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Technical Assistance Report Abstract

Participatory Research at Cooperative Care: Supporting Caregivers and Building a Unified Cooperative, July 2006, by Andrea Robles and Julie Whitaker

Executive Summary

This report is based on a participatory research project conducted between June 2003 and December 2004, and the subsequent actions inspired by it through June 2006. Members of Cooperative Care, a worker-owned home care agency, and two academic researchers conducted the research.

The research objectives were to learn: 1) how the cooperative could better support their members physically and emotionally; and 2) how to improve cooperation and communication among members. With the information obtained with this project, caregivers aimed to build a stronger and more unified cooperative.

Caregiver Background

  • At Cooperative Care, there are two primary distinctions among members: 1) between personal care and supportive home care workers; and 2) between caregivers who care for unrelated clients or family members. Many had worked as caregivers prior to joining the cooperative, either in formalized settings or in the homes of family members.

  • Within our sample, most client visits were of a fixed length and schedule; however, for a few clients, the schedule varied from week to week. The schedules for caregivers who took care of family members were quite different from for those who cared for unrelated clients. Caregiver who cared for family members were frequently responsible for care 24 hours a day, 7 days a week.

  • Caregivers reported that slightly over half (52%) of their clients were located in rural areas; the remainder (48%) were within town limits. The number of miles caregivers traveled to and from clients' homes per week varied from one half mile to more than 300.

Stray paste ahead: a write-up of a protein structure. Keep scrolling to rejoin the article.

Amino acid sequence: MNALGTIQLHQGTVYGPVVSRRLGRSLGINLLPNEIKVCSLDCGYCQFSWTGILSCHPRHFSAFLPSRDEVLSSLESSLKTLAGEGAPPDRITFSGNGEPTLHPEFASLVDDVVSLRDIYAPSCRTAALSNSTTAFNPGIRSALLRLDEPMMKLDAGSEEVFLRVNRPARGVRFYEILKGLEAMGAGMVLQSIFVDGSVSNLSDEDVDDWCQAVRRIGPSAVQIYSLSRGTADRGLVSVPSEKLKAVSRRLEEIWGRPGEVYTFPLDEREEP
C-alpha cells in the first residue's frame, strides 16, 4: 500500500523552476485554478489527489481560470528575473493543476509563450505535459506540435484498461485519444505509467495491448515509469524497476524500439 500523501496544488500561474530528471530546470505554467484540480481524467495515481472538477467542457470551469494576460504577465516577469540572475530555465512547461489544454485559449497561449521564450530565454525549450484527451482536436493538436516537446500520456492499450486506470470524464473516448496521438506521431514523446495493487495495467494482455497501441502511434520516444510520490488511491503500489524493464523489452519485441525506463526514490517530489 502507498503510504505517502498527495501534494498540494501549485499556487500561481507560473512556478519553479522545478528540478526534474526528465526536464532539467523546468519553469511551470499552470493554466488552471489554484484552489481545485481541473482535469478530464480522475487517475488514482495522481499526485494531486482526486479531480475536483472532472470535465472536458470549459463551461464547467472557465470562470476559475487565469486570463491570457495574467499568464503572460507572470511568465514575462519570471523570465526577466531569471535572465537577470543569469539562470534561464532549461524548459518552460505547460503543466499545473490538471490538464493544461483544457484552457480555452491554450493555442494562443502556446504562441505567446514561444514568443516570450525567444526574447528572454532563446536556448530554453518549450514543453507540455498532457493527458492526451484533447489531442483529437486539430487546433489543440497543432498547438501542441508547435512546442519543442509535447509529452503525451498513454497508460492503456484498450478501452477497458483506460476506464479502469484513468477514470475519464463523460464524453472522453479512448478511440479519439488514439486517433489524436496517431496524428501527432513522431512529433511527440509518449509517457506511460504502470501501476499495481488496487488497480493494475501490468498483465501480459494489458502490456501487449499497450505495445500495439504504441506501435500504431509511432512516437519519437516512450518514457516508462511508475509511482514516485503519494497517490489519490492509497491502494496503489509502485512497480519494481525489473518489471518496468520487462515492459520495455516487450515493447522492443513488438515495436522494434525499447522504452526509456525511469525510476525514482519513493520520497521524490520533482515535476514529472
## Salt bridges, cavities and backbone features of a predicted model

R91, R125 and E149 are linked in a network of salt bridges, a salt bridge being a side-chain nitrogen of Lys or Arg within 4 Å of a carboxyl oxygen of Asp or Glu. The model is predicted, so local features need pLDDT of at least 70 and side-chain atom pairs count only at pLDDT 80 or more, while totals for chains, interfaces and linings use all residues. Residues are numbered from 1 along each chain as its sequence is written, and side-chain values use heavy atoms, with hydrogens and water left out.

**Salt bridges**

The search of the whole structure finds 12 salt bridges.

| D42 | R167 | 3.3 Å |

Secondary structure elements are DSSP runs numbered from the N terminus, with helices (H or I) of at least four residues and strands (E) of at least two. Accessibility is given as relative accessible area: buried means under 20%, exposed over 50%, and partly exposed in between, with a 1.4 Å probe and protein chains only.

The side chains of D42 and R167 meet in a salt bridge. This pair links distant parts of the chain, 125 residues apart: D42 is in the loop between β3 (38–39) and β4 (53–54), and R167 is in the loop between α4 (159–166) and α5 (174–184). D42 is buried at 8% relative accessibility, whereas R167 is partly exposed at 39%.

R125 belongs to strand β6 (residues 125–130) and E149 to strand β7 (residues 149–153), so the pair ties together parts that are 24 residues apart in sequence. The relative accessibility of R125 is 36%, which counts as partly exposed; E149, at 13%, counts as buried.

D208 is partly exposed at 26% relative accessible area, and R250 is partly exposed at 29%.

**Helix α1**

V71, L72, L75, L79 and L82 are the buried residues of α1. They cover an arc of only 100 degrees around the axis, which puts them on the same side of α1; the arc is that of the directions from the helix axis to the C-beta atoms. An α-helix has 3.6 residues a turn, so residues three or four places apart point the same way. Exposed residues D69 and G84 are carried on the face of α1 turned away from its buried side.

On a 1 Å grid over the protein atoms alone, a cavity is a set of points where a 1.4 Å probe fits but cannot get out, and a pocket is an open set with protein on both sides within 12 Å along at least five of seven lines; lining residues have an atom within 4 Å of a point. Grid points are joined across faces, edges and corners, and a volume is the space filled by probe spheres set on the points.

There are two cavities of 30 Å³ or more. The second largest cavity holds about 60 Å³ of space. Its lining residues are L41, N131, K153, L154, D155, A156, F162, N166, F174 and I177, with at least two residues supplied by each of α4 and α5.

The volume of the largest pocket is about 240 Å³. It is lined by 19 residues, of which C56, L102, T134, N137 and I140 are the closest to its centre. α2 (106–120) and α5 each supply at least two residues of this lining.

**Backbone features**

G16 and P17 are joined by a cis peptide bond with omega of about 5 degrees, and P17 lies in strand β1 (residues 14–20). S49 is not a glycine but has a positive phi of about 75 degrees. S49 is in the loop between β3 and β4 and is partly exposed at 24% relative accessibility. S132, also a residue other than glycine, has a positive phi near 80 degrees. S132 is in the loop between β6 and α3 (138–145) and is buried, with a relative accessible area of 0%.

Equipment, Emergency Plans and Client Well-Being

Equipment. Clients used a broad array of physical devices and equipment to assist them (39 types were reported). For the majority of clients (68%), caregivers felt that they had adequate equipment. For almost a third of clients (32%), caregivers said that additional physical devices or equipment was needed, for either assisting the client or easing their own physical burden.

  • Suggestions for Equipment. Cooperative Care can assist clients and caregivers to obtain equipment by 1) compiling a list of possible sources of equipment; and 2) starting a "loan closet."

Emergency Plans. Most caregivers believed that their clients' emergency plans needed updating. Since more than half the clients lived in rural areas, some distance from the nearest hospital, caregivers said that a plan to assist their clients at their homes during an emergency was of particular importance.

  • Suggestions for Emergency Plans. To better address emergency situations: 1) update clients' emergency plans for fires, storms, and medical emergencies, 2) include emergency contacts as well as other medical information; 3) depending on clients' needs, make emergency equipment available and accessible; and 4) ensure that emergency plans are easily visible in the clients' homes.

Client Well-Being. Due to their frequent visits, caregivers are regularly able to assess the emotional and physical state of the clients. Caregivers noted a broad range of physical, mental, and/or emotional change in clients, and had suggestions for how to improve the well-being of some clients.

  • Suggestions for Improving Client Well-Being. Caregivers reported that some clients are isolated and could benefit from socializing; thus, the cooperative should consider: 1) providing more opportunities for clients to socialize and have companionship; and 2) assisting clients to form support groups.

Physical and Emotional Issues Faced by Caregivers

Physical Concerns